NEW YORK — Nordstrom is making a big statement to the men of New York.
On Thursday, the Seattle-based retailer will open the doors to its first full-price store in Manhattan — a 47,000-square-foot, three-level, stand-alone men’s store in the heart of Columbus Circle that is more heavily skewed to designer and contemporary merchandise and expected to be the highest-volume men’s producer in the fleet.
The store will offer up a number of exclusives, both in terms of new brands to the market — Jack Erwin, Cole Haan NYCH, Strong Suit by Ilaria Urbinati — as well as proprietary styles from some more widely distributed brands.
For example, the store boasts a Comme des Garçons shop on the main floor curated by Olivia Kim, vice president of creative projects for the company, that brings together six of the brand’s labels; a Christian Louboutin men’s shoe shop; customization areas for both Levi’s and Shinola; a Samuelsohn by Design suit visualizer for made-to-measure tailored clothing, and Eton’s Endless Aisle kiosk for ordering dress shirts.
In terms of amenities, the store has a coffee shop and a “clubhouse” bar/restaurant overlooking Columbus Circle. It also offers Express Return kiosks, Shop Online Pick up in Store and Reserve in Store services, as well as personal stylists and a team of tailors.
Even so, the company will be facing some stiff competition in the city. Bergdorf Goodman, Barneys New York and Saks Fifth Avenue are all within walking distance and the Time Warner Center offers stores from high-end men’s labels including Hugo Boss, Ted Baker, Robert Graham, Thomas Pink and Cole Haan.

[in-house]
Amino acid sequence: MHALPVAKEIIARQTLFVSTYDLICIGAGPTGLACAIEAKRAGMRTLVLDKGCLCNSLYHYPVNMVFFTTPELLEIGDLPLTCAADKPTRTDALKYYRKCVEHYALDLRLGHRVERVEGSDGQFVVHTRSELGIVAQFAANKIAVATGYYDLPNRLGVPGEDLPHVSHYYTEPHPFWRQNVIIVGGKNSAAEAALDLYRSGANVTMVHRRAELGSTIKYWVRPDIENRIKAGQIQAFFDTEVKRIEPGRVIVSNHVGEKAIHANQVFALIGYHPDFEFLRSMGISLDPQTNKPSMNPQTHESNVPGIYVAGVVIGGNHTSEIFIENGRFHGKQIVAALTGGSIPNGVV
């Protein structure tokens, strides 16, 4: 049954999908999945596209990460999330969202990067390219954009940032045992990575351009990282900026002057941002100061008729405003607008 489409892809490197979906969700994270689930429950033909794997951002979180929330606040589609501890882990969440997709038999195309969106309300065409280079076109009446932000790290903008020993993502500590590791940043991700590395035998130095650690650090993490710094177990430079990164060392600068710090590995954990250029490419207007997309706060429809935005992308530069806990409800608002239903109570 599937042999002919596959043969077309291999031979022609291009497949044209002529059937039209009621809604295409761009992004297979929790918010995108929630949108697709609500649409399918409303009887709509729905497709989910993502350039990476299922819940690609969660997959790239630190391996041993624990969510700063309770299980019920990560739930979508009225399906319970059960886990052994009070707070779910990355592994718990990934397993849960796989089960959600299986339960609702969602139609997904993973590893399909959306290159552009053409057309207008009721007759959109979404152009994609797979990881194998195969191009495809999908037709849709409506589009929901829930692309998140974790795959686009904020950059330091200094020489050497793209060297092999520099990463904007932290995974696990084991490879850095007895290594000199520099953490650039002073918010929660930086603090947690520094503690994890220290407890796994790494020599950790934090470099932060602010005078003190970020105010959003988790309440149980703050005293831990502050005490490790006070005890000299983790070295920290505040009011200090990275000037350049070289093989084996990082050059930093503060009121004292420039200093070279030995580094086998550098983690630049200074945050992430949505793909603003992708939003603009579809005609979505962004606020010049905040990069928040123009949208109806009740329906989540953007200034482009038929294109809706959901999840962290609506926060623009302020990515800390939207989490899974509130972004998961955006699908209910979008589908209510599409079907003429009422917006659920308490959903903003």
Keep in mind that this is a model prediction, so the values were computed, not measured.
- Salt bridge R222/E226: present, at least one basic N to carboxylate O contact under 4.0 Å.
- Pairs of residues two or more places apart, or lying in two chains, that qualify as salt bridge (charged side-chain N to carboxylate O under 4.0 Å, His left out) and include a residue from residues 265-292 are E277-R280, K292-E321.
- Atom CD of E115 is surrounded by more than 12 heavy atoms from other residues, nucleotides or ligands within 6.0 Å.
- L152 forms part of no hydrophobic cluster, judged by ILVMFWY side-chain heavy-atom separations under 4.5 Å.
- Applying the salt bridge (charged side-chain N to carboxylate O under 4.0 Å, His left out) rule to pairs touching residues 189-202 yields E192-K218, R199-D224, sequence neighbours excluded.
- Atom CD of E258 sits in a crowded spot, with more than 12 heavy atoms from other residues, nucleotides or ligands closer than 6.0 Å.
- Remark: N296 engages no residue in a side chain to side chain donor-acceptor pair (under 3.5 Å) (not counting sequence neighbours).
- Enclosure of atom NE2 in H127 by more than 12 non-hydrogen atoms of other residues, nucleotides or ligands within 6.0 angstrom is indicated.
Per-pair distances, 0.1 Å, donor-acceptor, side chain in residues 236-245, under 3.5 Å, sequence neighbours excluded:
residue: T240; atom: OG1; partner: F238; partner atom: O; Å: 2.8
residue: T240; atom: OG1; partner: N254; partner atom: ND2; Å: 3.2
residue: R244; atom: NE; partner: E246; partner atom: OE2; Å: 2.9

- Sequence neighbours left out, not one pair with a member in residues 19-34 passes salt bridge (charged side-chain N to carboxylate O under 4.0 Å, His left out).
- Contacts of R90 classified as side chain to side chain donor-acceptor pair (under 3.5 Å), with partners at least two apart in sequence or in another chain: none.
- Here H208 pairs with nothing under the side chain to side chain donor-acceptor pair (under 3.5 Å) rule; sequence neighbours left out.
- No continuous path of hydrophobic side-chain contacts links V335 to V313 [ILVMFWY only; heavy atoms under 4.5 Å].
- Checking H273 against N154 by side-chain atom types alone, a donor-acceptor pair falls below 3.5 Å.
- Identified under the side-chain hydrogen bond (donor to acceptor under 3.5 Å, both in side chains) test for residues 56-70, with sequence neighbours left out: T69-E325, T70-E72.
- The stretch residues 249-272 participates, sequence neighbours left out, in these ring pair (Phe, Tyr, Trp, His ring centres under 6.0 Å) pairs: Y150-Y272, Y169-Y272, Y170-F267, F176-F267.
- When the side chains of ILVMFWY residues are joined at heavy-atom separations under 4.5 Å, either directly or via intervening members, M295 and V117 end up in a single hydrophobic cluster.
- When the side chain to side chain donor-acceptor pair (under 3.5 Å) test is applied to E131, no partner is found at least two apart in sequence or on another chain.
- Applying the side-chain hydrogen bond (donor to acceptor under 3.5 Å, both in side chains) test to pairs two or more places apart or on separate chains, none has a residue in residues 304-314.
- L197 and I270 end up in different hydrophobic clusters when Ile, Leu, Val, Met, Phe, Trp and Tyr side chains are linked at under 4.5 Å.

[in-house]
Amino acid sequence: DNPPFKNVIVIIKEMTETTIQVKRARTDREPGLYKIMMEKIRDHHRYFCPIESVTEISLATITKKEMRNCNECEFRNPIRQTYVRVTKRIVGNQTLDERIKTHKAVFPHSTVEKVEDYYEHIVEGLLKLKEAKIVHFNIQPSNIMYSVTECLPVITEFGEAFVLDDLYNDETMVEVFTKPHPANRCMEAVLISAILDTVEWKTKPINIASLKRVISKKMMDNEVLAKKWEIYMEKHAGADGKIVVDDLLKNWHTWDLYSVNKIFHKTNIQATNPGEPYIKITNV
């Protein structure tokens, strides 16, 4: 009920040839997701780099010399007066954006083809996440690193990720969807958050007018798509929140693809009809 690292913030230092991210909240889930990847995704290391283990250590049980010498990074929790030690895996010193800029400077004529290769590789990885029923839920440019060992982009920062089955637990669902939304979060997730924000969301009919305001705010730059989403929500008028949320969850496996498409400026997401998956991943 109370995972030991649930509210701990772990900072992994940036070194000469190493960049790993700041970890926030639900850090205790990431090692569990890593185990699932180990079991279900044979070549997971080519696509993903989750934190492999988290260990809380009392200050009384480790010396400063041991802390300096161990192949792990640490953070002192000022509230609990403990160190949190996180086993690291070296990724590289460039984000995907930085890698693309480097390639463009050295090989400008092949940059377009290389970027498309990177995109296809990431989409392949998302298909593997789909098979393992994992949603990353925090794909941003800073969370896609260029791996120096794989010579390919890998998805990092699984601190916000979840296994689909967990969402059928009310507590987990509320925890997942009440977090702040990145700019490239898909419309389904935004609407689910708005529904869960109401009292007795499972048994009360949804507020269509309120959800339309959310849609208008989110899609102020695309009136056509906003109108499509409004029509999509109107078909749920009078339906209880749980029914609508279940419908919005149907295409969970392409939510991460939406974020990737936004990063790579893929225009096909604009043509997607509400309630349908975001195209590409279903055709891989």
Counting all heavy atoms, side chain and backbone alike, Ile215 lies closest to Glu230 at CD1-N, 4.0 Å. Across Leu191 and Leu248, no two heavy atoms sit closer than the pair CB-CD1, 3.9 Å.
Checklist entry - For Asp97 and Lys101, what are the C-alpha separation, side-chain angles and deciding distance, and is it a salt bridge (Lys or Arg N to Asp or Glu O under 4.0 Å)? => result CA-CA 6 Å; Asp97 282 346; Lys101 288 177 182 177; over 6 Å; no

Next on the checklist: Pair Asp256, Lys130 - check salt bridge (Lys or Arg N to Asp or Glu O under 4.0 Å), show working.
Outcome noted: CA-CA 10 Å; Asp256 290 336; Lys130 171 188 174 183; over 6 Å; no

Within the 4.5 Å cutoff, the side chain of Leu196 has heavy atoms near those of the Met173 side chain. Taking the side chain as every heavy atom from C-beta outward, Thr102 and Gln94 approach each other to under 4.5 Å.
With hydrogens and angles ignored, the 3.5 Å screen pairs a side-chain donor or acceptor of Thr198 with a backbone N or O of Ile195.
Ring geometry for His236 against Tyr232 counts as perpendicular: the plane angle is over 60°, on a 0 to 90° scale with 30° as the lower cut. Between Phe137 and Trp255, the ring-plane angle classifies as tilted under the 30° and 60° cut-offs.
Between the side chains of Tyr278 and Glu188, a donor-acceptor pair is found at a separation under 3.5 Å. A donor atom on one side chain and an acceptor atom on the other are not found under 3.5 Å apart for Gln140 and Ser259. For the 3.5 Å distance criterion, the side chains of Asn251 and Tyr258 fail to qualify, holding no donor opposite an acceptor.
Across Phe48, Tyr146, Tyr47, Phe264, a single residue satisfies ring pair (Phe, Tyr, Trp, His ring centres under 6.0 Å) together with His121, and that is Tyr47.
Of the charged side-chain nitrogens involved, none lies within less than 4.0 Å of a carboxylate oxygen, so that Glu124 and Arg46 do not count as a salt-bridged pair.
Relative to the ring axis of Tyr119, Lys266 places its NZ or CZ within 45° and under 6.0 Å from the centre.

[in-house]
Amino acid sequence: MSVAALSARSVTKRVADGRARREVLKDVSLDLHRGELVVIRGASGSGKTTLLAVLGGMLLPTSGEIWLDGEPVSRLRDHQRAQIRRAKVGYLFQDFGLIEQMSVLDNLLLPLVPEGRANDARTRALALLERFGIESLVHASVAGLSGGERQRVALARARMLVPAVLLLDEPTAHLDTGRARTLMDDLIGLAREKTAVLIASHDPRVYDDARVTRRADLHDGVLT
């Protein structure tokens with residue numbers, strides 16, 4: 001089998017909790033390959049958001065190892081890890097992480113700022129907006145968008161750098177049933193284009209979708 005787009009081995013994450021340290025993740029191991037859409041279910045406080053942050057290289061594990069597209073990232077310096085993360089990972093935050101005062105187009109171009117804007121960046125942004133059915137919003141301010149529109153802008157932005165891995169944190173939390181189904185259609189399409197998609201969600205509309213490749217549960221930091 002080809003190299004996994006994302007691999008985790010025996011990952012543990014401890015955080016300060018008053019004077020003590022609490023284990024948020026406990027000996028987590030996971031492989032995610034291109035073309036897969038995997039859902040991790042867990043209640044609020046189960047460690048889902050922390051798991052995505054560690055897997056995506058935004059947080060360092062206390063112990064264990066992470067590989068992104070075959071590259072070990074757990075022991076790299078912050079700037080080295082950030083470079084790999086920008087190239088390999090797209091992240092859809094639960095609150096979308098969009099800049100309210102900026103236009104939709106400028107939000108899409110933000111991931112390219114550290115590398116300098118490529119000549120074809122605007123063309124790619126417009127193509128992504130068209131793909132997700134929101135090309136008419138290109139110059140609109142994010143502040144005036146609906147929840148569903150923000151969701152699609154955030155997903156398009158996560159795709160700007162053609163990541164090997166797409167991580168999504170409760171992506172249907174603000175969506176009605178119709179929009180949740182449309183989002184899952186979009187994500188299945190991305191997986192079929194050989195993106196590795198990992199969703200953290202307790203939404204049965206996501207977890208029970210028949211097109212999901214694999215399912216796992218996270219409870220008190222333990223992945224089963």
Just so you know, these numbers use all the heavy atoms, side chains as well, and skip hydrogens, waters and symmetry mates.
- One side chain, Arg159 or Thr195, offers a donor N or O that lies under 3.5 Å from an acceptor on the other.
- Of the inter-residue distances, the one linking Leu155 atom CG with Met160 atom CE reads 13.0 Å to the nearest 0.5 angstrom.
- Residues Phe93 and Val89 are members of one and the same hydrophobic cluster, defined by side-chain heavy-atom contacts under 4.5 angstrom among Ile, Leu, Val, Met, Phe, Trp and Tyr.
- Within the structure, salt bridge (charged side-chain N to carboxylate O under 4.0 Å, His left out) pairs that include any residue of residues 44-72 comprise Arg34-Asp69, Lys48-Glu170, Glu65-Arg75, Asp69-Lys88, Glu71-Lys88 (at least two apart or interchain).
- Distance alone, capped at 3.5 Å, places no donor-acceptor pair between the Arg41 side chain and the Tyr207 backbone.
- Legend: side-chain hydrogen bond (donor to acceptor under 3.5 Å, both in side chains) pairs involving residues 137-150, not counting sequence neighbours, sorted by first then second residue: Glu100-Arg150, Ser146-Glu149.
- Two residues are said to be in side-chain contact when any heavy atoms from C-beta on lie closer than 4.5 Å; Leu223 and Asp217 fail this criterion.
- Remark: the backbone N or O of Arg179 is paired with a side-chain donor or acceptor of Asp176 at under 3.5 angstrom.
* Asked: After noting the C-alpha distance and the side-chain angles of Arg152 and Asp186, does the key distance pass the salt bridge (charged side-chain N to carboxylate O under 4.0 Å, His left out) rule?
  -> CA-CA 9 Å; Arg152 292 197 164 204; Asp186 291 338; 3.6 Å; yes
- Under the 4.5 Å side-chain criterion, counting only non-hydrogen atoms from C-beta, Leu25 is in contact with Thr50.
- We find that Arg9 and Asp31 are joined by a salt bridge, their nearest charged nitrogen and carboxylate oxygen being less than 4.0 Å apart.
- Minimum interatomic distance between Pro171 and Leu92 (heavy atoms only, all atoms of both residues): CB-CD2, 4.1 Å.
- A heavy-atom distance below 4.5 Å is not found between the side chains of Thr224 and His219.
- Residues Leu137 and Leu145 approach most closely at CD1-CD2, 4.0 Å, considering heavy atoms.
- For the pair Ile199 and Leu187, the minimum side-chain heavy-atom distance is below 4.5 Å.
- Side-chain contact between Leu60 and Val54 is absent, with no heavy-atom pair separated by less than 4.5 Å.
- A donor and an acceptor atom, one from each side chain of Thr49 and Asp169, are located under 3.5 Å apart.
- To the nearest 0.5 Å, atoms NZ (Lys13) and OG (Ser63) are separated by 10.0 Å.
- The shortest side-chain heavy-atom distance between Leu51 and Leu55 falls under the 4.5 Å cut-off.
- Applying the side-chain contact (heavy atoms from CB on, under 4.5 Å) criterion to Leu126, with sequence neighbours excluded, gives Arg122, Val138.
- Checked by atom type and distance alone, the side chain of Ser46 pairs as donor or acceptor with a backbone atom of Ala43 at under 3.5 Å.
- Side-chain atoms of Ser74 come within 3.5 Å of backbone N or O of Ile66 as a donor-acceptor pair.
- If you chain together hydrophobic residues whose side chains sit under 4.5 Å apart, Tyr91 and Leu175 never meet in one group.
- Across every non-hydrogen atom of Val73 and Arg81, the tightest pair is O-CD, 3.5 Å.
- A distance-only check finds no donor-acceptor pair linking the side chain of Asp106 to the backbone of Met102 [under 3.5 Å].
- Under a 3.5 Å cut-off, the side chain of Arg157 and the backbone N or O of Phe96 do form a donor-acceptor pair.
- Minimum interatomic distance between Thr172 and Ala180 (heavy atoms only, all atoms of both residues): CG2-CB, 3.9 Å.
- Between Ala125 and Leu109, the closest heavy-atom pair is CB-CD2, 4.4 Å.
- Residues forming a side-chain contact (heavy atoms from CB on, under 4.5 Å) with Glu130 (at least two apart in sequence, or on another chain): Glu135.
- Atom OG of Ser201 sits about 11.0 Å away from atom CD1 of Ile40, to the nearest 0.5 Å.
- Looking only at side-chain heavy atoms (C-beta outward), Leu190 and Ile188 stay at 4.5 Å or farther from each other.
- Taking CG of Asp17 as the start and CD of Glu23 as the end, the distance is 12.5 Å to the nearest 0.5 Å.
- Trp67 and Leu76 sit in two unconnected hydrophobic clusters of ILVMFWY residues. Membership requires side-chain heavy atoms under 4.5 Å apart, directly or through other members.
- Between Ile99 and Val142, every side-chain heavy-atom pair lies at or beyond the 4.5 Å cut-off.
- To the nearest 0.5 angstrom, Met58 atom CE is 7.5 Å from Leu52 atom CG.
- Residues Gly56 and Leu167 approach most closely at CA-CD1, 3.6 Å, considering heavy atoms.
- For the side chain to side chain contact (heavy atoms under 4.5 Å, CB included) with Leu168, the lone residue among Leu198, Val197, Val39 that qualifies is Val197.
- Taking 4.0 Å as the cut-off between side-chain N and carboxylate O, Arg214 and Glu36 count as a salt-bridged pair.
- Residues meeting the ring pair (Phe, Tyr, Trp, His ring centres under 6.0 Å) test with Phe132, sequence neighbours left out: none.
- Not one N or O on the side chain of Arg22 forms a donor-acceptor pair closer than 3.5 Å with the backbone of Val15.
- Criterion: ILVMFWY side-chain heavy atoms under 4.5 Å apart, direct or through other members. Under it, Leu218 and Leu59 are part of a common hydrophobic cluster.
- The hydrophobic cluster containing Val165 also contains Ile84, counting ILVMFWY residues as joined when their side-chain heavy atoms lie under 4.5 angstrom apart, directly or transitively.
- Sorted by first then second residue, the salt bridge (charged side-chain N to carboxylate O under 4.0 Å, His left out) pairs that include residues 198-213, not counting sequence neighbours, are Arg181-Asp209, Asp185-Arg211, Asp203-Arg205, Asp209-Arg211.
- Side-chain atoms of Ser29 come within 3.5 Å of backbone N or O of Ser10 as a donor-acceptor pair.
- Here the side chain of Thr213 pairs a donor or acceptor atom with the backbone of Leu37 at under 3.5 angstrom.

But Nordstrom is confident it can find a niche here. The retailer has been seeking a space in the city for decades and finally decided to take the plunge when it secured the space uptown.
The men’s store is the first of a two-pronged jump by the retailer into the competitive Manhattan market. A 320,000-square-foot women’s store is under construction across the street and is expected to open next fall. The men’s store opened ahead of the women’s because its space was retrofitted; the women’s store is being built from the ground up.
All told, this project is the company’s most complicated and costly, with a price tag estimated to be in excess of $500 million.
The official address is 3 Columbus Circle, and the store, which is being leased from SL Green and the Moinian Group, runs along the west side of Broadway from 57th to 58th Streets.
But because the store was built into an existing building, the space has its challenges. The biggest one is the fact that the main floor is split in two by an elevator bank for the building in which it’s located. That means that customers who are browsing through the Comme des Garçons shop on the south side of the building are forced to either go up or down a flight and then up or down again to get to the grooming department and Levi’s customization shop on the other side of the main floor.